Chris Pendleton pointed this one out to me. Fresh Logic Studios took the Virtual Earth map control and MSN Local Search API and created their own interface into mapping business listings. I like this one better than the Local.Live.Com interface.
Michael Connolly, a product unit manager on MSN Spaces, adds onto the China discussion with a post titled “Running a Service in China.” Here’s a quote from his post: “In China, there is a unique issue for our entire industry: there are certain aspects of speech in China that are regulated by the government. We’ve made a choice to run a service in China, and to do that, we need to adhere to local regulations and laws. “
I’m speaking at SXSW and I’m helping out on the Mix 06 team.
My first question is “will Bill Gates let us put a back channel up during his keynote?”
So, why do another Web conference?
Well, my trip through Europe punctuated why. I kept meeting businesspeople who had bet their businesses on Microsoft’s Web technologies. From Reuters to L’Oreal to Heineken to dozens of other CTO’s and CEOs that I met who told me they are using Microsoft technologies and wanted a way to learn only about those (since most of the other events are heavily LAMP-focused).
Does anyone else find it ironic that the Microsoft conference is the one with both a blog and an RSS button? Next thing you know Microsoft will be adding tags, making deals with Firefox and getting along with the Web Standards Project, and figuring out how to do great maps and great search. Hmmm.
Anyway, what Web conference are you going to in March? Hope to see you there.
Yet another example of how blogs can be used to answer concerns raised in the community. Here the MSN Search Blog answers privacy concerns raised by O’Reilly and BoingBoing.
Nice to see that MSN Spaces now supports the MetaWeblogAPI, thanks to Dare Obasanjo for posting that on his blog. Why is that a big deal? Because now developers can build things that can write to MSN Spaces. I’ll have to see if Maryam can use Flock with her MSN Spaces-based blog, for instance.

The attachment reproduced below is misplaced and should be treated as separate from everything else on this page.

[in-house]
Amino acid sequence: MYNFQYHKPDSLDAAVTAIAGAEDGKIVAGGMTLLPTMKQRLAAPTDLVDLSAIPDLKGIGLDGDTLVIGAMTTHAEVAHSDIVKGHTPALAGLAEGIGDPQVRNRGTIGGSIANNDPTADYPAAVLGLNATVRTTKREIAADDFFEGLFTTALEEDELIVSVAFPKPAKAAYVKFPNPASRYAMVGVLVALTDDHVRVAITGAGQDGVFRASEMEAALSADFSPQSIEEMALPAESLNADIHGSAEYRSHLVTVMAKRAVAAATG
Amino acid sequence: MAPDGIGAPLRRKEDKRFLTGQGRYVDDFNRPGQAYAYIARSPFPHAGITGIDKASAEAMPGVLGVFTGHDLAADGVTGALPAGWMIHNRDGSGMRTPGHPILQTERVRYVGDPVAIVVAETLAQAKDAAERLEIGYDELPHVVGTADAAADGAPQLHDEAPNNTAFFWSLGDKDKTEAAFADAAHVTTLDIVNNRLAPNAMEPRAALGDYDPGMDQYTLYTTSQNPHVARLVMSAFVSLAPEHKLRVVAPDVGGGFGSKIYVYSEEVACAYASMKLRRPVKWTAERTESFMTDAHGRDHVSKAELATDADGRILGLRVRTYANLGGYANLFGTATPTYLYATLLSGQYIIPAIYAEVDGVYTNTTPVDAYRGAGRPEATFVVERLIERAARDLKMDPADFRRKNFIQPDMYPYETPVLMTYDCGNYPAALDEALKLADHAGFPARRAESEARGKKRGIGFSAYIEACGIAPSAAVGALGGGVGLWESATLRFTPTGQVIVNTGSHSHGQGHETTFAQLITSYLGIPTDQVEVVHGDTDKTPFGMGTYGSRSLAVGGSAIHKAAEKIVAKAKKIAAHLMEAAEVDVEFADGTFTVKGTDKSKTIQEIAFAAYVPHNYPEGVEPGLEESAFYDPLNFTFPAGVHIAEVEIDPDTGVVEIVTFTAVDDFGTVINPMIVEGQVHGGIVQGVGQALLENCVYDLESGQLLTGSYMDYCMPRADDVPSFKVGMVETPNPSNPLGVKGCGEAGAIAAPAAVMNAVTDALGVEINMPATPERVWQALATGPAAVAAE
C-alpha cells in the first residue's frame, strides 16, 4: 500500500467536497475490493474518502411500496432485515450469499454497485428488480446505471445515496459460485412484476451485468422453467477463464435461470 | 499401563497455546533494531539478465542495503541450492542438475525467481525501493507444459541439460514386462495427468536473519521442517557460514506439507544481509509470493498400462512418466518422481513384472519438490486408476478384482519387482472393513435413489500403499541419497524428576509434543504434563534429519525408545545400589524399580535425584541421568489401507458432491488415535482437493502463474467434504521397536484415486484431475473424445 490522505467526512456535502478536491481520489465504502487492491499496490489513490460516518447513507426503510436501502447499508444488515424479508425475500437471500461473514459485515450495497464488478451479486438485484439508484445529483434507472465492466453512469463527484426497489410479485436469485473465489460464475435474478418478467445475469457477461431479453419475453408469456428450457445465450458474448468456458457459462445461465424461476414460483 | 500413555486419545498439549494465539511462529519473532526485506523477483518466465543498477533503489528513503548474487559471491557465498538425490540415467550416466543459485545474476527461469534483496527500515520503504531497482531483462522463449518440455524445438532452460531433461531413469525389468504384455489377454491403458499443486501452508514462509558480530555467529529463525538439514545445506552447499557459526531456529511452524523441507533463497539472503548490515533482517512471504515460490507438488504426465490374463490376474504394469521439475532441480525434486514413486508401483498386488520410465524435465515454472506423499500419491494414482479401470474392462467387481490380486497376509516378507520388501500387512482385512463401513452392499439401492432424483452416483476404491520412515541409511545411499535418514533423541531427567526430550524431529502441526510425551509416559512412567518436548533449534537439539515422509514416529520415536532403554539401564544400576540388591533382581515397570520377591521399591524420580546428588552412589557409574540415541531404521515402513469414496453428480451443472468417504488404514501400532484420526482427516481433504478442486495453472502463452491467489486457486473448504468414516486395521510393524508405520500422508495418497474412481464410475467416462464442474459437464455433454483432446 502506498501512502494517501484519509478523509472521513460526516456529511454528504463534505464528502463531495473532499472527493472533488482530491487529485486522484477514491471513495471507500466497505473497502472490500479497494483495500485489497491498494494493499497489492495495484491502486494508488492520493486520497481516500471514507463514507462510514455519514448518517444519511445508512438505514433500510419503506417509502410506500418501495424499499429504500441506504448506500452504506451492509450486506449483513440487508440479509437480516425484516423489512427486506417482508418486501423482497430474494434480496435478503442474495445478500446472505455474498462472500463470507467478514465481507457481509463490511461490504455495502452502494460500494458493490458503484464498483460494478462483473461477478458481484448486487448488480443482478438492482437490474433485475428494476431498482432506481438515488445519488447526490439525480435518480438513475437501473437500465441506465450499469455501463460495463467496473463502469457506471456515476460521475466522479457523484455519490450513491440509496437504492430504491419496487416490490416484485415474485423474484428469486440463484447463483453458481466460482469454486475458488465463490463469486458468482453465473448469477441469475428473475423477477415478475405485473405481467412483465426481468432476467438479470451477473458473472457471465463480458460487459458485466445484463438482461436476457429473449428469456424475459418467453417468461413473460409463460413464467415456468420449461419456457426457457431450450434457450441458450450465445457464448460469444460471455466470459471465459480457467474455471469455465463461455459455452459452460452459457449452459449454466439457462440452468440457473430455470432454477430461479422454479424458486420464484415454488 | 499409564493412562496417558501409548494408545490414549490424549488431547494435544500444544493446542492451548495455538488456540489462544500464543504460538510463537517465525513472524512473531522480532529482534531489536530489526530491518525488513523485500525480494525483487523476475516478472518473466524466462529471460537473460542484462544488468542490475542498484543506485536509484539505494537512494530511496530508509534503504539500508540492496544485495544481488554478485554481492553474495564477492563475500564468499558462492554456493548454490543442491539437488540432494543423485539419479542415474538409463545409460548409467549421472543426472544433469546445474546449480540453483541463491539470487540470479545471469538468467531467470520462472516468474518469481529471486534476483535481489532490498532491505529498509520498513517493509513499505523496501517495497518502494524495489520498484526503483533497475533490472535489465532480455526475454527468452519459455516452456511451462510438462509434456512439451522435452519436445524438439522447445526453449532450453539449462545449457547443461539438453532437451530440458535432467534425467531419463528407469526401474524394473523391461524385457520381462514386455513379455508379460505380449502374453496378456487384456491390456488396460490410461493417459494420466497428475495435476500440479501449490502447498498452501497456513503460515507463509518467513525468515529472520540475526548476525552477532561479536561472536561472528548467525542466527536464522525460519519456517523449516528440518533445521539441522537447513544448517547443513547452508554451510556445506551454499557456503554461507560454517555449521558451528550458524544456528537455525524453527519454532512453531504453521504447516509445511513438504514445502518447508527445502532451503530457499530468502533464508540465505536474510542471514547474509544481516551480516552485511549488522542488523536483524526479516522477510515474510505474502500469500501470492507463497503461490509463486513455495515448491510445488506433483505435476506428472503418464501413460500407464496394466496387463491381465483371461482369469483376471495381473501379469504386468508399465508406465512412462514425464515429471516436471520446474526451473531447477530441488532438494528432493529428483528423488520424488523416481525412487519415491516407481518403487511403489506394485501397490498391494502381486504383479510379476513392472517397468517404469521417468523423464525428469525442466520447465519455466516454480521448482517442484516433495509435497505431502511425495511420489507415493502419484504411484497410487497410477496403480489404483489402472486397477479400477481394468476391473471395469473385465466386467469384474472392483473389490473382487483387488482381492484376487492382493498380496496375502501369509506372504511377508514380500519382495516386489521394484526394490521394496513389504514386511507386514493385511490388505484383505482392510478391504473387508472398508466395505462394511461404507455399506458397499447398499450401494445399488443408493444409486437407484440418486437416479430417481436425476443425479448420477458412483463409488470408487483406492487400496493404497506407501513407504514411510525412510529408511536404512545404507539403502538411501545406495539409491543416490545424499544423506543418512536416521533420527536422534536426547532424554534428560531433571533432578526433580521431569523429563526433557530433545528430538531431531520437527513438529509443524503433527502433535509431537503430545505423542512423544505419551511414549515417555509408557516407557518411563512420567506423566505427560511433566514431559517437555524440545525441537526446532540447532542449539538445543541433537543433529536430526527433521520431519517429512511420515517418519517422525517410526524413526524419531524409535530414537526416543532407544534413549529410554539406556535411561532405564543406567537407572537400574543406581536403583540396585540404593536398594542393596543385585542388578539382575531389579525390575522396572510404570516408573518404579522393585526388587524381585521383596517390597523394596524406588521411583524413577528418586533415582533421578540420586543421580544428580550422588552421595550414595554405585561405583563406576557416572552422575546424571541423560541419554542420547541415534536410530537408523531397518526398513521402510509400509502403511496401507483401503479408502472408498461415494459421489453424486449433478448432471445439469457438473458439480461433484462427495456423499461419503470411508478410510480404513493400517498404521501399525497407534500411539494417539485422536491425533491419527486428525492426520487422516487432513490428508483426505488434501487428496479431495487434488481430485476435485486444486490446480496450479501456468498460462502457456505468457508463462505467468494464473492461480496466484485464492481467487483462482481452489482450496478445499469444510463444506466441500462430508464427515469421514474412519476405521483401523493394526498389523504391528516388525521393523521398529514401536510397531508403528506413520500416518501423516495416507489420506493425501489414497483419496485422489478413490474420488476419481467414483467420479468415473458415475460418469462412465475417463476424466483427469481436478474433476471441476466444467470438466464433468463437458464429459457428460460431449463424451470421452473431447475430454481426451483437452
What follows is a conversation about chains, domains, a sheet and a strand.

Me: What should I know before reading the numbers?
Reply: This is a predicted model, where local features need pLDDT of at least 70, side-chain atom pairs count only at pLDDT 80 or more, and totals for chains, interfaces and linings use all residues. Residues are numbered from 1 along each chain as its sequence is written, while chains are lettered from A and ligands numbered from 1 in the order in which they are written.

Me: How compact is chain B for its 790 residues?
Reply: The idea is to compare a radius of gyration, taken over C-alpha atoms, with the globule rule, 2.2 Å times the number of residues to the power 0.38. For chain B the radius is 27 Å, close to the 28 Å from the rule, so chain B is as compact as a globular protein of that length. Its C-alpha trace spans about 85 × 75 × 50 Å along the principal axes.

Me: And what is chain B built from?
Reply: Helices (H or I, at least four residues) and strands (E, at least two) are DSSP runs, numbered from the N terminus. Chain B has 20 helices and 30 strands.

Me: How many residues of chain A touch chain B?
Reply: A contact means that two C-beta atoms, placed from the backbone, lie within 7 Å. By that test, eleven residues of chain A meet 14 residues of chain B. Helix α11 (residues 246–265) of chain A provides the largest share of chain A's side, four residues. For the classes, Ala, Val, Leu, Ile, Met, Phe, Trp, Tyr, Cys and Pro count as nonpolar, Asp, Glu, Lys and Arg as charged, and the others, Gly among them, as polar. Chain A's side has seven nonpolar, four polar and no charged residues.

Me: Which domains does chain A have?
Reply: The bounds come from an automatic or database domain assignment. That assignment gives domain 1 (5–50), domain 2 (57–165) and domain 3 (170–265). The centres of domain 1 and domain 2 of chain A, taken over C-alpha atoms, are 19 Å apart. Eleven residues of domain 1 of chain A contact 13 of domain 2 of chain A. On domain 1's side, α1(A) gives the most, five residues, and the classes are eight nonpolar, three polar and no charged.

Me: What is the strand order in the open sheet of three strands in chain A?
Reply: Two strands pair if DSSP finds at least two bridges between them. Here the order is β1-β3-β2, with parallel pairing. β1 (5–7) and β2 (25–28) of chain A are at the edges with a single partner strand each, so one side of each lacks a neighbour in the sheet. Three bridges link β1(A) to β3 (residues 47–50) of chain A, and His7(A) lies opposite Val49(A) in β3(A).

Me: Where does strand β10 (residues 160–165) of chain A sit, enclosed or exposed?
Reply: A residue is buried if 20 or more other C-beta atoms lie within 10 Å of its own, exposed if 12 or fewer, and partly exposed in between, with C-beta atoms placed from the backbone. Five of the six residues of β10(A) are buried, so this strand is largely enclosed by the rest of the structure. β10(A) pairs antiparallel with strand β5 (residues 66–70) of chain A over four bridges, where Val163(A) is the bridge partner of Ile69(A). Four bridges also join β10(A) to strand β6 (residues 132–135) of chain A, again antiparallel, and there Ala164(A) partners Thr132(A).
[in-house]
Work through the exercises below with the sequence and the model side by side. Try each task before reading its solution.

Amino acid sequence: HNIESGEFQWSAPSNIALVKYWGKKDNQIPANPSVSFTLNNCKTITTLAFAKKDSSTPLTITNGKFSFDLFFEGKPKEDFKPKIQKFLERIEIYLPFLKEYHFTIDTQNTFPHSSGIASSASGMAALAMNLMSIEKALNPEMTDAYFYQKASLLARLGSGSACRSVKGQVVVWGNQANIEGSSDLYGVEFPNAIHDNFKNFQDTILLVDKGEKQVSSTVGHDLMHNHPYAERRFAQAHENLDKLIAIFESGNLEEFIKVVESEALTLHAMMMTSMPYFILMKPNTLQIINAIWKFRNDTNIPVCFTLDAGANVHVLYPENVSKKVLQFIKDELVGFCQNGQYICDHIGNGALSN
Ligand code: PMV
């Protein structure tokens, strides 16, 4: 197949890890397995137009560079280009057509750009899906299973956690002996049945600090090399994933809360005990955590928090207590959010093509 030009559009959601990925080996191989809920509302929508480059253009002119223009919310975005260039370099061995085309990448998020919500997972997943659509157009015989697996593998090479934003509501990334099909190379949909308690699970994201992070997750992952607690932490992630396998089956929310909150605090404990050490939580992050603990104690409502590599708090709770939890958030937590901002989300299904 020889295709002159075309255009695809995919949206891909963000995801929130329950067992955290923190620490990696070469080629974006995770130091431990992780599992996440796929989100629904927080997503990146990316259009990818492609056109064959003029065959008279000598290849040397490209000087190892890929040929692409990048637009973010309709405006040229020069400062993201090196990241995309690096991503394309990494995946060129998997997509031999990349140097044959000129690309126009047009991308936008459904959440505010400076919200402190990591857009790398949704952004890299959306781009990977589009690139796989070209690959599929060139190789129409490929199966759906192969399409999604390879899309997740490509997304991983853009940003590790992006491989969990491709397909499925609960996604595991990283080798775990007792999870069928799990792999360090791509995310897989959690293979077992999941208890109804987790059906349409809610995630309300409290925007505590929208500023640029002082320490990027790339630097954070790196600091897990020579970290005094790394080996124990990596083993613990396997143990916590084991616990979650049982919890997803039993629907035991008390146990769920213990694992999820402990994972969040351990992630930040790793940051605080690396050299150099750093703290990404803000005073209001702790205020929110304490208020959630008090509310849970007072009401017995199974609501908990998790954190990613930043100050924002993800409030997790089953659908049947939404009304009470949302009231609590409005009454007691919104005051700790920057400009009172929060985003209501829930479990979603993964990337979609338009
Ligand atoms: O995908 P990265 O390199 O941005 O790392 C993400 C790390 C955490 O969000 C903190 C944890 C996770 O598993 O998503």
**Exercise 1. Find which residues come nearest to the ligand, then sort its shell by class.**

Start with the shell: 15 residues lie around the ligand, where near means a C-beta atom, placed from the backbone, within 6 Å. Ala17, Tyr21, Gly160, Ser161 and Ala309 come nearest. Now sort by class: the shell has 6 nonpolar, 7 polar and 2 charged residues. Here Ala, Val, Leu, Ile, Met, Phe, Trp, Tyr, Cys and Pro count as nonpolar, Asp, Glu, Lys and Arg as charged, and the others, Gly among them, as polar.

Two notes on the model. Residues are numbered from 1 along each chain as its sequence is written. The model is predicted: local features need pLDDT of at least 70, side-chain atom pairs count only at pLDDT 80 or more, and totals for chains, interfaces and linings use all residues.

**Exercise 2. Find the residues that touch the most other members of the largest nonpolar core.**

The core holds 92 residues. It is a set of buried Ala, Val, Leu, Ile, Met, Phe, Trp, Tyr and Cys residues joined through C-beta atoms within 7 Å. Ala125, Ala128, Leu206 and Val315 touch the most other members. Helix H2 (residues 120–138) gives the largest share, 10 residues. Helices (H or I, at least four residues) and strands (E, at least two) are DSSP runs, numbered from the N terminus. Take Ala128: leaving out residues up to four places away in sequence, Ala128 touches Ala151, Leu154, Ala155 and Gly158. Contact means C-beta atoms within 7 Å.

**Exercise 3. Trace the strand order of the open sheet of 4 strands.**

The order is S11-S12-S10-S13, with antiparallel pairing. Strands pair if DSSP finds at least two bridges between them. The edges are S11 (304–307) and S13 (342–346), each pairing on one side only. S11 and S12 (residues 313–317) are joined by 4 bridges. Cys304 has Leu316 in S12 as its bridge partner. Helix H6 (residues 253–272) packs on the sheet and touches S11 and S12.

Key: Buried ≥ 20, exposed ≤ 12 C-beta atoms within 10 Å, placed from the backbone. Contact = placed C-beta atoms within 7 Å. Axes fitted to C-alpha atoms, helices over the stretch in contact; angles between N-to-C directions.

Scott Hanselman, one of our best customers, is confused by Windows Live.
Shhh, Scott, don’t tell anyone, but this isn’t about just the portal. And if anyone at Microsoft thinks it is I’m gonna come and kick them in the rear.
It’s about a new advertising platform. It’s about giving users new services that can be docked on the live.com page or in other places. It’s about a new URL for search. Sorry, typing in http://search.msn.com was too confusing and convoluted. It’s a lot easier to say “go to live dot com.”
It’ll all make sense when the subdomains start popping in.
What opportunity is there for developers? Lots. See, you’ll be able to create a service box that’ll drive traffic back to your site or blog. Why would you do that? Well, on your blog you’ll have a monetization service that’ll give you a paycheck.
But, yes, they made this stuff too complicated. I see it clearly in my mind now. I’m going to get some videos now and make these teams simplify what they are trying to say.
We don’t know how to romance developers anymore (if we ever did). Sorry about that.
Oh, Joe Wilcox wrote a post about “what is live.”